Fertilized egg

Gregory Sullivan (sullivan@blaze.cs.jhu.edu)
Sun, 15 Mar 1998 08:24:37 -0500 (EST)

The issue of how fertilized human eggs should be treated was raised
recently on this list. There is an interesting paragraph about this topic
in a book review at the HMS Beagle web site. Below is the relevant
excerpt. Of course, there is still room for disagreement with the viewpoint


Remaking Eden Cloning and Beyond in a Brave New World
by Lee M. Silver
Avon Books, 1997

Begin excerpt from book review

By combining some underappreciated biology with common sense, he also
analyzes the assumptions underlying the claim that a fertilized human egg
deserves special status based on its potential for developing into a human
being. For example, the assertion that a unique genetic identity is created
at conception is undermined by the fact that the maternal and paternal
pronuclei don't fuse until the two-cell stage of development. Moreover, for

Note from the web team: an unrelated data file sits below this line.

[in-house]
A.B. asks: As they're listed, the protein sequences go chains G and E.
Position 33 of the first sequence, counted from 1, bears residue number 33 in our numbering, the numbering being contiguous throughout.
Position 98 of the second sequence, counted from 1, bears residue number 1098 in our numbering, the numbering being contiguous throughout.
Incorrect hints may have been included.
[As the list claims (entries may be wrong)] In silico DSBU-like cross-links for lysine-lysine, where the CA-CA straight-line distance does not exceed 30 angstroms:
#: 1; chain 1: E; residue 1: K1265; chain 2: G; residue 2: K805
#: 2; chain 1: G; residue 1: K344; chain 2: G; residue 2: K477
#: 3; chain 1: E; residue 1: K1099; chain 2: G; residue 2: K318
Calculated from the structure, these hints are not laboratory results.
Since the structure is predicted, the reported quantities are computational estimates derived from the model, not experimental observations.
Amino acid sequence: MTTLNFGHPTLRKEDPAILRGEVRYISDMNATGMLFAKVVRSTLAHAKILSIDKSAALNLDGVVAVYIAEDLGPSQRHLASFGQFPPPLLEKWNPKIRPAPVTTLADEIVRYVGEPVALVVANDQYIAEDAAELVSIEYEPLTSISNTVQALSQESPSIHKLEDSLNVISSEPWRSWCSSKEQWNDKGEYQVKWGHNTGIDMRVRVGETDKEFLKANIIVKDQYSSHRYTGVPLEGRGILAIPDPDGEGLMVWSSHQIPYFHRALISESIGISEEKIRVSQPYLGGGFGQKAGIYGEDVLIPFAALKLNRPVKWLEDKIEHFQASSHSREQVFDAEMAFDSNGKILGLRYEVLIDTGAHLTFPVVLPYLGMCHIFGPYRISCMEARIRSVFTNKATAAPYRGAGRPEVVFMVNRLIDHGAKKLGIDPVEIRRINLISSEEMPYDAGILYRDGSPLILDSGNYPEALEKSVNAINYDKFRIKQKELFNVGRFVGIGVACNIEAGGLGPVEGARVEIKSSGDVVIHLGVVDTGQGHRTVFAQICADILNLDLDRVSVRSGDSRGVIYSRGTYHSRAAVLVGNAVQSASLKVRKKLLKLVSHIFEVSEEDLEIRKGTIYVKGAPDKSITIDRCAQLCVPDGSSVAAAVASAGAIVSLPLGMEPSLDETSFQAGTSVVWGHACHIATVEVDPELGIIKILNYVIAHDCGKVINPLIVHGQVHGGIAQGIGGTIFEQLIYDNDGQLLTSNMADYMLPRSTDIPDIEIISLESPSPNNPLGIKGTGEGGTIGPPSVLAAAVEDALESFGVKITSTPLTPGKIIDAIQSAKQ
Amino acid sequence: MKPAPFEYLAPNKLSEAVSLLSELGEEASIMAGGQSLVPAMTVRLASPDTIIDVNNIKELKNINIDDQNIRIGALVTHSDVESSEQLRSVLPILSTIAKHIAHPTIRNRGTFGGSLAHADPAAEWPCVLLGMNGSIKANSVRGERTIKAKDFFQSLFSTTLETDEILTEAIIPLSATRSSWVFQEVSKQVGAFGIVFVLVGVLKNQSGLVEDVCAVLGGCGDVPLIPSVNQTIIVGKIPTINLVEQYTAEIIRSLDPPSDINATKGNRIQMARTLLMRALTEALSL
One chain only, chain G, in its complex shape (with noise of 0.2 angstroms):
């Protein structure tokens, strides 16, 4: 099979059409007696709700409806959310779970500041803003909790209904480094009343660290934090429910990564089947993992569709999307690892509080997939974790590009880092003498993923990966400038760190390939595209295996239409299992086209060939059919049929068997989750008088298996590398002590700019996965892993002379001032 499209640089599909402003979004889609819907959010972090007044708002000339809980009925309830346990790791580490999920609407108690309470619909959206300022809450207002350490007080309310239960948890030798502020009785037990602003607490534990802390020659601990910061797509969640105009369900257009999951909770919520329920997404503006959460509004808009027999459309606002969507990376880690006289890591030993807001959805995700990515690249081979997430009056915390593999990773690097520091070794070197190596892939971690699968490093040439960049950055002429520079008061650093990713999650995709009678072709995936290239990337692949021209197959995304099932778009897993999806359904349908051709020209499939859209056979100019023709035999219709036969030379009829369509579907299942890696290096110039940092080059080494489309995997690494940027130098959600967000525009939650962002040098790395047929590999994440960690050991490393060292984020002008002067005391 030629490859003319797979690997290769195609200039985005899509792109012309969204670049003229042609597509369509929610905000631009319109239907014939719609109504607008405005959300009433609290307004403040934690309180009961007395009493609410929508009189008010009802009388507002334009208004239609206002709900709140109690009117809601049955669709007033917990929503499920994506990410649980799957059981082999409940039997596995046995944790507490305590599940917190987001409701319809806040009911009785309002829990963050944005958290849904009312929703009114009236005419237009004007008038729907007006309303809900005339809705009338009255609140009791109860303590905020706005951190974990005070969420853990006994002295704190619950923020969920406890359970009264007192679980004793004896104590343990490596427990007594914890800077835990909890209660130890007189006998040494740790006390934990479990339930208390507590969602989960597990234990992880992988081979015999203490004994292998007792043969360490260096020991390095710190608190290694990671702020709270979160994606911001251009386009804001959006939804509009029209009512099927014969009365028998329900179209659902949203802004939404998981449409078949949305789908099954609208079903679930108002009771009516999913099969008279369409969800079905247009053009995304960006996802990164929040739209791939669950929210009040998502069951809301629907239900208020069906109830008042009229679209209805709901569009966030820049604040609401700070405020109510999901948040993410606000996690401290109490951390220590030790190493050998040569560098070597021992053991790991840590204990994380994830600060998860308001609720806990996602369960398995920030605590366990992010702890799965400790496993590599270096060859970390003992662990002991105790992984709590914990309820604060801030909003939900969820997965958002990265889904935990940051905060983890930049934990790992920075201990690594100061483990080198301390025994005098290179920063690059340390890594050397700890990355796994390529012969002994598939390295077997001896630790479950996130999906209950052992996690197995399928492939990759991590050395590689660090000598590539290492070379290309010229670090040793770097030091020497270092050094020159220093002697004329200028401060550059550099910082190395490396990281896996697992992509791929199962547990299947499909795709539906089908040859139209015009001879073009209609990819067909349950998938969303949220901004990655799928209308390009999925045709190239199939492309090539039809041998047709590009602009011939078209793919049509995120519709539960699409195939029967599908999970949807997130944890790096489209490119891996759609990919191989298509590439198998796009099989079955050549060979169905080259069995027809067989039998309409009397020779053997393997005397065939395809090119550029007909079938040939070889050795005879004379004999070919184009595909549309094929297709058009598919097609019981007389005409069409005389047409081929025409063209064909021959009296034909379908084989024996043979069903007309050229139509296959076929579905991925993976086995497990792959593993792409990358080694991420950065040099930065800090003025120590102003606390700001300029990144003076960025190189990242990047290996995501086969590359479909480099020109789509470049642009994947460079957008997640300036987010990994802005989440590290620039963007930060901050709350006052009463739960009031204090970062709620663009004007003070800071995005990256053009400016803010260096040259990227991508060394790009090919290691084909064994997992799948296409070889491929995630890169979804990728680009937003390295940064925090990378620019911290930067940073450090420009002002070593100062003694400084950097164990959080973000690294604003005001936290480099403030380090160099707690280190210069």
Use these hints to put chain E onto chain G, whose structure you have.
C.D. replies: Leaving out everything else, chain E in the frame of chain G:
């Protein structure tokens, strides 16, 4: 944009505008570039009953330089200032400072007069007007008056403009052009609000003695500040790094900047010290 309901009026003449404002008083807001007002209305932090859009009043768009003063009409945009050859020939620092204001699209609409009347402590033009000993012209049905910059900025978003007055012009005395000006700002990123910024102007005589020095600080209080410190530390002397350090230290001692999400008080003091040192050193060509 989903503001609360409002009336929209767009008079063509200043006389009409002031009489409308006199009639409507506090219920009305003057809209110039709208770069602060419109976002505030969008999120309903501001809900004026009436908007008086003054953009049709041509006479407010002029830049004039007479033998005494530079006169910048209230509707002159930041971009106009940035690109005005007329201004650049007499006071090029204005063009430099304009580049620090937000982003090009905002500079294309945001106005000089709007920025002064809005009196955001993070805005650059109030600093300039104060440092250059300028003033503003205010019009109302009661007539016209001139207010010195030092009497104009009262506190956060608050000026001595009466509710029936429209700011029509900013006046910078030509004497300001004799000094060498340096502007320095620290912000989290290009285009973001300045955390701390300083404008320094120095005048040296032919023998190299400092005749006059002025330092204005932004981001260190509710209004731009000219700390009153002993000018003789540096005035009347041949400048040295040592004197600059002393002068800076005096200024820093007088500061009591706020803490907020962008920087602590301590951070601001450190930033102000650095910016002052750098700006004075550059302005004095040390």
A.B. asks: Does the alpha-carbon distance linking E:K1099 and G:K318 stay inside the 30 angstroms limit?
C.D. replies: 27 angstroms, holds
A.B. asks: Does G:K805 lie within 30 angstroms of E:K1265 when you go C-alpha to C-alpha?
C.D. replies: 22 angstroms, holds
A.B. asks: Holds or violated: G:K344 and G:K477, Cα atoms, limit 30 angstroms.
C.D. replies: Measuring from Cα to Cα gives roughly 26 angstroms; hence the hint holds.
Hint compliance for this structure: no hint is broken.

about two weeks after fertilization, each of the individual cells of the
embryo has the potential to give rise to a complete and distinct developing
embryo. Despite the acknowledged potency of each of these cells, their lost
potential is not mourned when one of them is plucked off from an early
embryo in order to carry out prenatal genetic diagnosis. Finally, since
cloning by nuclear transfer allows for the creation of a new embryo from
any somatic cell in the absence of conception, the act of conferring
respect or elevated status on biological potential is not supported, Silver
argues, by the modern facts of human reproduction.

end excerpt